Magic Arm with Camera Bracket

The Magic Arm is just that, a magic arm to hold your camera, lights, bounce, flag. I use it with the camera bracket on one side and Manfrotto 035 Super Clamp($25, photo below) to turn a staircase railing, or the railing of a scissor lift, into a camera support. You could use it similarly to mount a camera to a bicycle handlebar.

I also use the Magic Arm with a Super Clamp at either end (the camera bracket is detachable) as a brace. For video and photo projects, the uses are extensive.

There are similar products, but this is by far the best. I’ve had two in my grip bag for more than a decade.

clamp

-- Elon Schoenholz  

Manfrotto 244 Variable Friction Magic Arm
$130



Author Howard Rheingold [Cool Tools Show #003]

Howard Rheingold is a critic, writer, teacher, and artist; his specialties are on the cultural, social and political implications of modern communication media such as the Internet, mobile telephony, virtual communities, digital media and learning, and online co-learning. He joins the Cool Tools podcast this week to discuss how his budding interest in woodworking has enriched his creative projects and led him to amass a whole new arsenal of cool tools. In this episode, Howard shows us a thorough list of must-haves for any beginner in woodworking or circuit tinkering, as well as some quality-of-life items to cultivate a healthy working environment.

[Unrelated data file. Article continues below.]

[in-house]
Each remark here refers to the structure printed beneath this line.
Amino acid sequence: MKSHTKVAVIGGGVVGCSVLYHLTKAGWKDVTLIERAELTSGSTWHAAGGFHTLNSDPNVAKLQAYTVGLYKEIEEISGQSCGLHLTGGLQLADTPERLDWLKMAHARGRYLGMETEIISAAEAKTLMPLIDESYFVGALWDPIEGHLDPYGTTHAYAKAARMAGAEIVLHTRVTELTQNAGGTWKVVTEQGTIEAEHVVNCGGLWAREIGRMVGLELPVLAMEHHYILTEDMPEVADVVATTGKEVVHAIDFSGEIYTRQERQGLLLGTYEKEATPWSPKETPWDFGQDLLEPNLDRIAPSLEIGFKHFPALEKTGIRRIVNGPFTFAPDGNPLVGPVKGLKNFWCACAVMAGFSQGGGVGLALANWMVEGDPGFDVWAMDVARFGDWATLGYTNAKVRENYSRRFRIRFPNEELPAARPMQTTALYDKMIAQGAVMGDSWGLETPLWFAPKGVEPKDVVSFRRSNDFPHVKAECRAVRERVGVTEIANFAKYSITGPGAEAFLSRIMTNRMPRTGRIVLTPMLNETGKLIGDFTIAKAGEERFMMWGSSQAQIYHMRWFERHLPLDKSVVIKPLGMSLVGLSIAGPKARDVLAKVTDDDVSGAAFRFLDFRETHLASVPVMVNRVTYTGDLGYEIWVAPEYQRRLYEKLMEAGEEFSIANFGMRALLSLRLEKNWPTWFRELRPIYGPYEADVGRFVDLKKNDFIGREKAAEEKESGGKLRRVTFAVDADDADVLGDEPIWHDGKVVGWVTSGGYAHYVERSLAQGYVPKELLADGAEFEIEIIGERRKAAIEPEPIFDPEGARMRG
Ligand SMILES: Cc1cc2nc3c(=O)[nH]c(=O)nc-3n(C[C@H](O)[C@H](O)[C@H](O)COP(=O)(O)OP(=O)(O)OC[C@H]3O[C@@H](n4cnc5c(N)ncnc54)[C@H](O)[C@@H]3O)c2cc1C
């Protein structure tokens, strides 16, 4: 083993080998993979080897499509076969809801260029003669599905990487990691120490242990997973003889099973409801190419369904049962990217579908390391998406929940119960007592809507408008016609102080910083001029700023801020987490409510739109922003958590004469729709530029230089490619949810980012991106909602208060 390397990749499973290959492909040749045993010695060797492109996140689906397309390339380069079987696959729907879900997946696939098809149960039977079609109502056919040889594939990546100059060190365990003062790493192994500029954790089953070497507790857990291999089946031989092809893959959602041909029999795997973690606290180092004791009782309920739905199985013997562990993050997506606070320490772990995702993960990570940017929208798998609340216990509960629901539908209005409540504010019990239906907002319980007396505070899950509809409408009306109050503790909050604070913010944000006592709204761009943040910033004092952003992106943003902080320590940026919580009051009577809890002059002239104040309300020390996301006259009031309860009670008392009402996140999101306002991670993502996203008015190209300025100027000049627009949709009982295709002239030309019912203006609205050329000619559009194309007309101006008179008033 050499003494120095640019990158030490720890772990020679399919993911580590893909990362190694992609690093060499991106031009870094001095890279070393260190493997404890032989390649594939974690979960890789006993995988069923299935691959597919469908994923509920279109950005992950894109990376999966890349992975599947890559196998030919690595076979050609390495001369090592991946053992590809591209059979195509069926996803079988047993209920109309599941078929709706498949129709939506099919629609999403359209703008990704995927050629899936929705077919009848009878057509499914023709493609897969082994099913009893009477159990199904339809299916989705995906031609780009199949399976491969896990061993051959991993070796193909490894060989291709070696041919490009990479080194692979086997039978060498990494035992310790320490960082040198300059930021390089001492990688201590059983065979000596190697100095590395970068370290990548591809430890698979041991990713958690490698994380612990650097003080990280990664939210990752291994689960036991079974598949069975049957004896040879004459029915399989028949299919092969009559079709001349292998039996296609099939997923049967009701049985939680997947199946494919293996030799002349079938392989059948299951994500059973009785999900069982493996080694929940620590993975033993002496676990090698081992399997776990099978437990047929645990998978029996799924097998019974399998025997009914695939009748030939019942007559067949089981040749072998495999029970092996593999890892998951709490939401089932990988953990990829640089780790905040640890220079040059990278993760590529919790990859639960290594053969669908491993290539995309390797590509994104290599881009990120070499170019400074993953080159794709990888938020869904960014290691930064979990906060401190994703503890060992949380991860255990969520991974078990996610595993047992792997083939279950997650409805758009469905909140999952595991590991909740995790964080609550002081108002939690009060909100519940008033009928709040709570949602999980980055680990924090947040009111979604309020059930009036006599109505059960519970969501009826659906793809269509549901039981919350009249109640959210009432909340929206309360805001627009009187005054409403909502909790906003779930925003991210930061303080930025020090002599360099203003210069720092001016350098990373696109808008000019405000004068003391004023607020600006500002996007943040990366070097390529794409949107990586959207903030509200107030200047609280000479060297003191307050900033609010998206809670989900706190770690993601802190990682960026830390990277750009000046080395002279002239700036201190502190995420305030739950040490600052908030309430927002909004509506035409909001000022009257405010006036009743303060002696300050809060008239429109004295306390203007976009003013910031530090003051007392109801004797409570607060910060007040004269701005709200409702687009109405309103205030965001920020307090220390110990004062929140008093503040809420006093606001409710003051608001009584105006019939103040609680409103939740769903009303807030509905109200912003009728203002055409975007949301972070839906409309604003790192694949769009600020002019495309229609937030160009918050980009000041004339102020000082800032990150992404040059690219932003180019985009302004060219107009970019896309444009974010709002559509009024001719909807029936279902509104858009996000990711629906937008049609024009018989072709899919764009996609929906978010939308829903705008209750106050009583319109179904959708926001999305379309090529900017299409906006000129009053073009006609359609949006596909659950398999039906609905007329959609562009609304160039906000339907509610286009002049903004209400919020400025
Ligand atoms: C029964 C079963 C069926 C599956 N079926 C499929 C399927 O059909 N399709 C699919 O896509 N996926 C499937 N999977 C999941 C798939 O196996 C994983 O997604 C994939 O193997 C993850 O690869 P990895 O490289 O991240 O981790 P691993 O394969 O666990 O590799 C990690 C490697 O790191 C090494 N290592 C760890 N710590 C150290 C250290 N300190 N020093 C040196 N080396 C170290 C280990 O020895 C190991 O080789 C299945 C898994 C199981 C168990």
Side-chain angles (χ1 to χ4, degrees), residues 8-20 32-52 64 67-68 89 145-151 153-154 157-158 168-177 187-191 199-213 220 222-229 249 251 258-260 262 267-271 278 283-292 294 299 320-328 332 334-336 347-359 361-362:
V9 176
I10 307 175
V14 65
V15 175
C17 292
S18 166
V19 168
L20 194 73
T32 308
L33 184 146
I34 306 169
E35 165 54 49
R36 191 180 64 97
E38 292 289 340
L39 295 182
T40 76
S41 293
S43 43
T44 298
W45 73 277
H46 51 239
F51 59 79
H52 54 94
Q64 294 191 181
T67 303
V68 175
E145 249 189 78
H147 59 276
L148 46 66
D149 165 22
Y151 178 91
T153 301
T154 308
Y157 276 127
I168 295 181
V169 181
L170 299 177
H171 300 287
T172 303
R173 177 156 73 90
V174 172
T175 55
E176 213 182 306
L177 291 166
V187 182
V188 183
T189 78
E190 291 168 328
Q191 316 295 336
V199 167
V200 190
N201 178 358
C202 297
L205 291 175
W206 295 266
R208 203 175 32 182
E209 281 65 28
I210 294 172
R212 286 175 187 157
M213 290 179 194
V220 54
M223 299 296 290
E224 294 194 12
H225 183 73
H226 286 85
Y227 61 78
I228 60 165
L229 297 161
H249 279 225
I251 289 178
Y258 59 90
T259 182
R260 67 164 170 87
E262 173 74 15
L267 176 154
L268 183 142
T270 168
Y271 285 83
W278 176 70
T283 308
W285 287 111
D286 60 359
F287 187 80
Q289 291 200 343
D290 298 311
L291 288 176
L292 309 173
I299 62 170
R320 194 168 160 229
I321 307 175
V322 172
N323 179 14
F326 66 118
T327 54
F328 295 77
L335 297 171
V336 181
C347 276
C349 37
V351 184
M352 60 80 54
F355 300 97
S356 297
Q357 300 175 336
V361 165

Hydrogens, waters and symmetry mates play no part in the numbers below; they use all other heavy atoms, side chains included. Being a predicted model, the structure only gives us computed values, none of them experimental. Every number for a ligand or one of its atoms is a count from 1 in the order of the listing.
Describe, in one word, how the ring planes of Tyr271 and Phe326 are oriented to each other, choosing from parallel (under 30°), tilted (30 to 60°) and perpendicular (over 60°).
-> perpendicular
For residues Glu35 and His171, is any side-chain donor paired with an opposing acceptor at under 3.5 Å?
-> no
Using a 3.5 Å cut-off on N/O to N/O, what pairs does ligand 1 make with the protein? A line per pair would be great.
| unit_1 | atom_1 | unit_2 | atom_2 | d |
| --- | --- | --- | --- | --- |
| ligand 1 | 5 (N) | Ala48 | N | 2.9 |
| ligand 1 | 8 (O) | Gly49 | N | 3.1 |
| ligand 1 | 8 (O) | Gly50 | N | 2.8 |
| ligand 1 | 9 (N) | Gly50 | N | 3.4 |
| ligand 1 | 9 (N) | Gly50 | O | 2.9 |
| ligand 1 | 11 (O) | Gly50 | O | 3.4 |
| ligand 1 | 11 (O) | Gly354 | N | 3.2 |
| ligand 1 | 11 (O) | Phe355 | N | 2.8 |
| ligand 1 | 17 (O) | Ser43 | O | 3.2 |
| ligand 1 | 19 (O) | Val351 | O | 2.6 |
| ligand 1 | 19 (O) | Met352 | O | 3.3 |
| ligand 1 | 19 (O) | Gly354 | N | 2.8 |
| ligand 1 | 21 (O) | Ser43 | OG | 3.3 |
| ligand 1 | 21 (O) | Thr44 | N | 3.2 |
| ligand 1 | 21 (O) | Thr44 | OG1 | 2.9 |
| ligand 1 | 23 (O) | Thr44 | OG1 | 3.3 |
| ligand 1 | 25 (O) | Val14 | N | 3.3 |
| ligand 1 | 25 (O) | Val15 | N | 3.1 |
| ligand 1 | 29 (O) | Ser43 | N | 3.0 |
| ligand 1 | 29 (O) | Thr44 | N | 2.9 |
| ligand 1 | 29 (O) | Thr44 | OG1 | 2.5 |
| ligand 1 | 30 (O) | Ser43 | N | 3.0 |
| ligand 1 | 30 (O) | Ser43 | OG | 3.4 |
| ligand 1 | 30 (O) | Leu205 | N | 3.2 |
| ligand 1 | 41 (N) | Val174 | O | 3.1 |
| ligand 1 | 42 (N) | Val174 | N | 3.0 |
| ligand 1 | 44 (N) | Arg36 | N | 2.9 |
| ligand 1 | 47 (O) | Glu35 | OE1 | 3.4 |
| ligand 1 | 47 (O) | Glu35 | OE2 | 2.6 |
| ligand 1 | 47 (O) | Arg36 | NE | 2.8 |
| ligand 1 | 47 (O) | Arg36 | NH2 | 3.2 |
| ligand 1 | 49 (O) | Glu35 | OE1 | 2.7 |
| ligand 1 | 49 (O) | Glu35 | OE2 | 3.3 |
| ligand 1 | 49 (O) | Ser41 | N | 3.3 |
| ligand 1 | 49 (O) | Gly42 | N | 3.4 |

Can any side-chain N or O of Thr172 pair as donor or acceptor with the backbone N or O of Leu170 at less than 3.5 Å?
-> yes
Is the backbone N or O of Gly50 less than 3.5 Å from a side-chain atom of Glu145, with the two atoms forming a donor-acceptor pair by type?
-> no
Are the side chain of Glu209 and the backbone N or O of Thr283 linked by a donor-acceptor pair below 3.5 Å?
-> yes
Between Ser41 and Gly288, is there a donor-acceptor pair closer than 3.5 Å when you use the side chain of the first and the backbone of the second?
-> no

Subscribe to the Cool Tools Podcast on iTunes | RSS | Download episode | Transcript

Subscribe to Cool Tools Show

Show notes:

Howard’s Etsy Page

Here are Howard’s tool picks, with quotes from the show:





6′ x 8′ Tuff Shed: ~$2,000.00 (See website for exact pricing.)